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PLoS One. 2009;4(1):e4283. doi: 10.1371/journal.pone.0004283. Epub 2009 Jan 27.

Mast cells and gastrointestinal dysmotility in the cystic fibrosis mouse.

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Anatomy & Cell Biology, University of Kansas School of Medicine, Kansas City, Kansas, United States of America.



Cystic fibrosis (CF) has many effects on the gastrointestinal tract and a common problem in this disease is poor nutrition. In the CF mouse there is an innate immune response with a large influx of mast cells into the muscularis externa of the small intestine and gastrointestinal dysmotility. The aim of this study was to evaluate the potential role of mast cells in gastrointestinal dysmotility using the CF mouse (Cftr(tm1UNC), Cftr knockout).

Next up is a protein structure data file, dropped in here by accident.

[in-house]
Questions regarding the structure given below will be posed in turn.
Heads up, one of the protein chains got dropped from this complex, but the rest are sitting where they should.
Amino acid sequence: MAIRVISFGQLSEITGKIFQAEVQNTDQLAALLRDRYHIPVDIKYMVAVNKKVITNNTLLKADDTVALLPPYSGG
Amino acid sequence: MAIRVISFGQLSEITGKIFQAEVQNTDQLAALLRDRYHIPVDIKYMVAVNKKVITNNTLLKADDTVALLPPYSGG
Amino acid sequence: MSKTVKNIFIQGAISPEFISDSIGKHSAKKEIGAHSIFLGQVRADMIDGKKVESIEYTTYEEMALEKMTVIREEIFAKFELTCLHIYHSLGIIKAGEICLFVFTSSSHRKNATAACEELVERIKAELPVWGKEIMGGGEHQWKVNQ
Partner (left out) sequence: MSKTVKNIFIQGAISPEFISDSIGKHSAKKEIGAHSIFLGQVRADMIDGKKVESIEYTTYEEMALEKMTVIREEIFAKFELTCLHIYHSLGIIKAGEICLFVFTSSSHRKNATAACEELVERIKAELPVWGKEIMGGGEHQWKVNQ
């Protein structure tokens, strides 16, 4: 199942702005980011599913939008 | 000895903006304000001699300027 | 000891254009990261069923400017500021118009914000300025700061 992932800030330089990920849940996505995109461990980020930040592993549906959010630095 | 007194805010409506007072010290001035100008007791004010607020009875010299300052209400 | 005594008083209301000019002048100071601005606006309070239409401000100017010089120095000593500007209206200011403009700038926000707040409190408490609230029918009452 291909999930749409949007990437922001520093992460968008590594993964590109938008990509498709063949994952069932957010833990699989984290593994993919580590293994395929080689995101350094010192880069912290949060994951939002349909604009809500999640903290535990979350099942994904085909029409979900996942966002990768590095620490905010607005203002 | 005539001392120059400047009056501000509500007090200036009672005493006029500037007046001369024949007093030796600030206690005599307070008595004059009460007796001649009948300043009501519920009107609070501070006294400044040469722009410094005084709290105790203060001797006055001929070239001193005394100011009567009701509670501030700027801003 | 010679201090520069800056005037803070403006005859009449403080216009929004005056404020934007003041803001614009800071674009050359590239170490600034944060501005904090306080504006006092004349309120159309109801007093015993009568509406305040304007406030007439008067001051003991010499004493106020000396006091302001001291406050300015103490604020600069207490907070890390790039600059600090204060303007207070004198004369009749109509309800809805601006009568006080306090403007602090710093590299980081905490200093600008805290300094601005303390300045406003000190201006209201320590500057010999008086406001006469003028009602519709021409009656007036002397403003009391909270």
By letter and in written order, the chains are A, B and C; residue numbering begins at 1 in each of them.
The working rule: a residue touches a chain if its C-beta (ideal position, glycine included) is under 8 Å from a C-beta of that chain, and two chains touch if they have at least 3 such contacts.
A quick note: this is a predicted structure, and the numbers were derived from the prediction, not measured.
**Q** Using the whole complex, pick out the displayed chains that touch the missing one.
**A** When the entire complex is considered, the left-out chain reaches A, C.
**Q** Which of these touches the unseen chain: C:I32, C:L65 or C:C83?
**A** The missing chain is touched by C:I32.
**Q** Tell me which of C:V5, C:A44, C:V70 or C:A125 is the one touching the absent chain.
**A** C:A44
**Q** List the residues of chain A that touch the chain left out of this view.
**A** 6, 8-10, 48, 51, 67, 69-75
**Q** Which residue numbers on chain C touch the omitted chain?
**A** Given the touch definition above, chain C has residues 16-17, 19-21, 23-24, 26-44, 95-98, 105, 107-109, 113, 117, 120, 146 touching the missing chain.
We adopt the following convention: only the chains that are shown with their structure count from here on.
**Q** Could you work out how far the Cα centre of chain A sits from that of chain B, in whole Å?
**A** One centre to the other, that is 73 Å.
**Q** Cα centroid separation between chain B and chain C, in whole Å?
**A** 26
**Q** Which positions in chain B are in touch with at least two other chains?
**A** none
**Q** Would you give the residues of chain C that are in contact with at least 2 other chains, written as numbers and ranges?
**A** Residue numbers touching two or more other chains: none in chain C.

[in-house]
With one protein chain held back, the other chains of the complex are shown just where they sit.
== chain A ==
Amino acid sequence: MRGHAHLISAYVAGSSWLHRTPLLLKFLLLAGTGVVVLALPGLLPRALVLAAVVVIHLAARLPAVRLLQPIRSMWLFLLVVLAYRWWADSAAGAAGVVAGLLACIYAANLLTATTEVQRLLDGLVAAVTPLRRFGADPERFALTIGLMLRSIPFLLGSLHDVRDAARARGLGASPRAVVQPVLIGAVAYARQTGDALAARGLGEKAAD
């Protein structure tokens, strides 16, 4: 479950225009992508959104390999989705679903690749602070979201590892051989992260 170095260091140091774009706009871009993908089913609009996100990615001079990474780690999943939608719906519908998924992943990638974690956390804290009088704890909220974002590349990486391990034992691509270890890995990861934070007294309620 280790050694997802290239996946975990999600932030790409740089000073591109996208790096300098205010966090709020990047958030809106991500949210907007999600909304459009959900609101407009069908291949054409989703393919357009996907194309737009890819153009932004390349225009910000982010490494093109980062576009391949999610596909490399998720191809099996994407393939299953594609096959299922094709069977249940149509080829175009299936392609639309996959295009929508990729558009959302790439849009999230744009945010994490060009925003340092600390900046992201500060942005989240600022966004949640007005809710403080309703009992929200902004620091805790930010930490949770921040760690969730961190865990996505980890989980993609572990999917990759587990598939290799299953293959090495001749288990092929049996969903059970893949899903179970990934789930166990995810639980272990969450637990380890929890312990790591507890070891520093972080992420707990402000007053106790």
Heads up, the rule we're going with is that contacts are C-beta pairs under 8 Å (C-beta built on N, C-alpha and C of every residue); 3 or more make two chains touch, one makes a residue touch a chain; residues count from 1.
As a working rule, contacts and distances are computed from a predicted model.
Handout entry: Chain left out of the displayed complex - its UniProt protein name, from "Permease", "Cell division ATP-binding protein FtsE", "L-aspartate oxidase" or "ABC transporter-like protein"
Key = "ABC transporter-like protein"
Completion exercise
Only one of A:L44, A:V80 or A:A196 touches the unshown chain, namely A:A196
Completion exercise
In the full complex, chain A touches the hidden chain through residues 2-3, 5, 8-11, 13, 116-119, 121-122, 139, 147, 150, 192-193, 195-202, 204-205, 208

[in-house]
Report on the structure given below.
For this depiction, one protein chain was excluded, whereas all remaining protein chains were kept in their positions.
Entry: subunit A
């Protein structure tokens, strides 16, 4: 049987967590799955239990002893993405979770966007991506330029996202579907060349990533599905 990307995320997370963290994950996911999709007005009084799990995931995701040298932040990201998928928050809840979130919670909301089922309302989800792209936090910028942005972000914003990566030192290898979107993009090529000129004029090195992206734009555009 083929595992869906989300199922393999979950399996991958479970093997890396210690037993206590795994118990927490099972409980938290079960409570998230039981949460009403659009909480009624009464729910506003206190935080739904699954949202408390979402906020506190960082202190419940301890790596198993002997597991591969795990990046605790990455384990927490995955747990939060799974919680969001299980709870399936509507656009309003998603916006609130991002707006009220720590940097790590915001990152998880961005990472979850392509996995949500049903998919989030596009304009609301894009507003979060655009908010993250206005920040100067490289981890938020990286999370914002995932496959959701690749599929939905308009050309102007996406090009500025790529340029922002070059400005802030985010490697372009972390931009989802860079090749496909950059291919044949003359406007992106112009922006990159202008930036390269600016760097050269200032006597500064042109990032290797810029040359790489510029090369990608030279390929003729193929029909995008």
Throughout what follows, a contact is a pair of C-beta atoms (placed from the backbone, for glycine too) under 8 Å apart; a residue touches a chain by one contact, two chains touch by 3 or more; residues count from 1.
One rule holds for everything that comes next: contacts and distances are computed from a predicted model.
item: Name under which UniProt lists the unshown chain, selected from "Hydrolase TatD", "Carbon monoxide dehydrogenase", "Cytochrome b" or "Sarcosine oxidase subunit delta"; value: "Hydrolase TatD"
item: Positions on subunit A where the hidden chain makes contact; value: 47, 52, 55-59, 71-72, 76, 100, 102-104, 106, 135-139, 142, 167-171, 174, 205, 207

Wild type (WT) and CF mice were treated for 3 weeks with mast cell stabilizing drugs (ketotifen, cromolyn, doxantrazole) or were treated acutely with a mast cell activator (compound 48/80). Gastrointestinal transit was measured using gavage of a fluorescent tracer.


In CF mice gastric emptying at 20 min post-gavage did not differ from WT, but was significantly less than in WT at 90 min post-gavage. Gastric emptying was significantly increased in WT mice by doxantrazole, but none of the mast cell stabilizers had any significant effect on gastric emptying in CF mice. Mast cell activation significantly enhanced gastric emptying in WT mice but not in CF mice. Small intestinal transit was significantly less in CF mice as compared to WT. Of the mast cell stabilizers, only doxantrazole significantly affected small intestinal transit in WT mice and none had any effect in CF mice. Mast cell activation resulted in a small but significant increase in small intestinal transit in CF mice but not WT mice.


The results indicate that mast cells are not involved in gastrointestinal dysmotility but their activation can stimulate small intestinal transit in cystic fibrosis.

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